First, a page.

On 22 December 2021, the Federal Court refused an application for an injunction against two former employees of an I.T company. While a decision in respect of an injunction application is not necessarily the same as the final outcome of the dispute, the decision in this case provides useful guidance on the importance of comprehensive evidence if you seek an urgent application to enforce a restraint of trade.
In Virtual IT Services Pty Ltd v Hamilton  FCA 1637, Virtual IT Services had recently completed the purchase of another IT business, Omni. As part of the acquisition, Virtual offered employment to the employees of Omni and entered into employment contracts with those employees.
Two of the employees were offered management positions and signed employment contracts describing their roles as “Service Manager” and “Engineer”. However, both employees were directed to perform more junior roles with no management responsibility. The employees quickly became dissatisfied with their roles and resigned within less than 3 months. The employees set up a new IT company called Anomaly in competition with Virtual.
The restraint of trade provisions in the employment contracts only applied to employees in the position of “recruitment consultant, service coordinator or managerial position”. The restraints specifically did not apply to support staff.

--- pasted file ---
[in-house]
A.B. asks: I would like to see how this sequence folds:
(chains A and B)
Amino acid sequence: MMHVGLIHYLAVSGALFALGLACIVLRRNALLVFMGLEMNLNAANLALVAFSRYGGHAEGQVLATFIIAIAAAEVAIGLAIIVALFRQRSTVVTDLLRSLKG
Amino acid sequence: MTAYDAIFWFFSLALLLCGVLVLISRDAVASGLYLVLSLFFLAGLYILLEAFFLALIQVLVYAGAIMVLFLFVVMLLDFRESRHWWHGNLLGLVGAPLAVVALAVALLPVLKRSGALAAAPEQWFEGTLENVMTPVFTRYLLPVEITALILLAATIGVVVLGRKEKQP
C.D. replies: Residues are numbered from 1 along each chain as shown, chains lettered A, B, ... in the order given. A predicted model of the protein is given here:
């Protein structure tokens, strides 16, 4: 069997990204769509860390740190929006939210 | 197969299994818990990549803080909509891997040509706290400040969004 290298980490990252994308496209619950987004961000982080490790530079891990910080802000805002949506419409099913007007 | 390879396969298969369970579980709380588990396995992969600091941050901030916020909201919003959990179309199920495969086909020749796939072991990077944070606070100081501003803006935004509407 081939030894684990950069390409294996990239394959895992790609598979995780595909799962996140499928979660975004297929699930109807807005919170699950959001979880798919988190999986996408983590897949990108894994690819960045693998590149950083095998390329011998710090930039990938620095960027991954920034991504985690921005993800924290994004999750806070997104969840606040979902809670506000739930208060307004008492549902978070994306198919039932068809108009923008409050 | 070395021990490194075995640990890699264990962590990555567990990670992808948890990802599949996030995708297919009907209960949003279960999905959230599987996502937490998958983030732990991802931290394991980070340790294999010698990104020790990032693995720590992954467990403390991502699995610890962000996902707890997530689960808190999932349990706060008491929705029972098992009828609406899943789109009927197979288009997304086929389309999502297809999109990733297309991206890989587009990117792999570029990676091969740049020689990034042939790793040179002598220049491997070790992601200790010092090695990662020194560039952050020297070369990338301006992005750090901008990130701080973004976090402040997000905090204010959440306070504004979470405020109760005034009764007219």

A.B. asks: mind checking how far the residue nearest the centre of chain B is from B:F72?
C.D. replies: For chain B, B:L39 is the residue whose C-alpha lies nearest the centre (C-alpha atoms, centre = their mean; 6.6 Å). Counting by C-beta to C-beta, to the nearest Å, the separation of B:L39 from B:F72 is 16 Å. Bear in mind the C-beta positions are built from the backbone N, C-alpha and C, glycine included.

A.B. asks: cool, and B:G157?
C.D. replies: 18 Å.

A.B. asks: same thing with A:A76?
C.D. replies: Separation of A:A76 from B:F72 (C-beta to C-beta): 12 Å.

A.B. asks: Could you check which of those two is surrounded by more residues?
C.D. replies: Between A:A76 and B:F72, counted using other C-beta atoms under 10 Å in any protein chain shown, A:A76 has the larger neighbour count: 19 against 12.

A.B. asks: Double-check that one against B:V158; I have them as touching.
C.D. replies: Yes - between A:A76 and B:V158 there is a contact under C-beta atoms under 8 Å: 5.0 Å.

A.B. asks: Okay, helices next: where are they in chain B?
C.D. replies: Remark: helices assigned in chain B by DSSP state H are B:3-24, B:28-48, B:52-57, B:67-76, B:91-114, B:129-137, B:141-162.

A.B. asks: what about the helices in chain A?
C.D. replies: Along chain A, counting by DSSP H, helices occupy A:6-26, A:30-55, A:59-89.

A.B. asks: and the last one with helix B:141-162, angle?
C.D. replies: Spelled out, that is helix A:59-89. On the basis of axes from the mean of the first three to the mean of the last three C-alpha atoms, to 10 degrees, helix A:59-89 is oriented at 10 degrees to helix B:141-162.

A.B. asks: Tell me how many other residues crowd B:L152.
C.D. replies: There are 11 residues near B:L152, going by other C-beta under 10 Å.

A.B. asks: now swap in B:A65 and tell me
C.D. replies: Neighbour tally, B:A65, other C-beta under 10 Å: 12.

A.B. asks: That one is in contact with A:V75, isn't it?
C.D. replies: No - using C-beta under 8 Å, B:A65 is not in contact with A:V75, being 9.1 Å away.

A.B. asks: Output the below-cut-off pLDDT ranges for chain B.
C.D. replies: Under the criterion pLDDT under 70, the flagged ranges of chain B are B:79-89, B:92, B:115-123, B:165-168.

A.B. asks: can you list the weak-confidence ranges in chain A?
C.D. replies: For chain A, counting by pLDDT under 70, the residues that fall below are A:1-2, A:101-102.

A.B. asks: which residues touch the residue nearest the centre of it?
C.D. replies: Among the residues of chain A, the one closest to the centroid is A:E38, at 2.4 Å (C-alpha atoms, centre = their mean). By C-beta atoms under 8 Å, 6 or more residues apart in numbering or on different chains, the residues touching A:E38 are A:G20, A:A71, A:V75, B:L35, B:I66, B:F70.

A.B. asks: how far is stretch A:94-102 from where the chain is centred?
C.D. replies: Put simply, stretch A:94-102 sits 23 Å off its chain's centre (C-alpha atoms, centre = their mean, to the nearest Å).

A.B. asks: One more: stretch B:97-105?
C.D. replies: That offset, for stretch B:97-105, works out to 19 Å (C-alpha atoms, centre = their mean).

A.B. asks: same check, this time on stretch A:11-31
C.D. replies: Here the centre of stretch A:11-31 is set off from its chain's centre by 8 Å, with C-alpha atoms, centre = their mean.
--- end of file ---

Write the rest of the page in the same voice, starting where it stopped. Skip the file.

The Court found that the position titles in the employment contracts were not determinative. The evidence in the case indicated that neither of the employees were likely engaged in any management responsibility. The Court considered that the asserted application of the restraint clause was tenuous at best.
The Court considered that even if the restraint provisions did apply, then there was a real question was to whether they would be enforceable having regard to the wide reach of the clauses.
Virtual’s evidence was that it had lost 15 of its clients since Anomaly was established. The majority of those clients had proceeded to enter into service contracts with Anomaly.
However, there was no evidence that any of those 15 clients had any existing or ongoing contract with Virtual in the first place.
Worse still for Virtual, the majority of these former clients provided written evidence in support of Anomaly to the effect that they were dissatisfied with Virtual’s services and sought out the services of the former employees and did not wish to obtain any further services from Virtual regardless of the outcome of the legal proceedings.
To grant an injunction, the Court must be satisfied that there is a reasonably arguable case and that the balance of convenience is in favour of preserving the status quo until the final hearing. The Court was not satisfied as to either matter.
Virtual has also makes claims in respect of breach of confidentiality obligations and various contraventions which will be determined by the Court at a final hearing. Whether or not Virtual will press on with the final hearing in light of the failed injunction attempt remains to be seen. Stay tuned for further developments!
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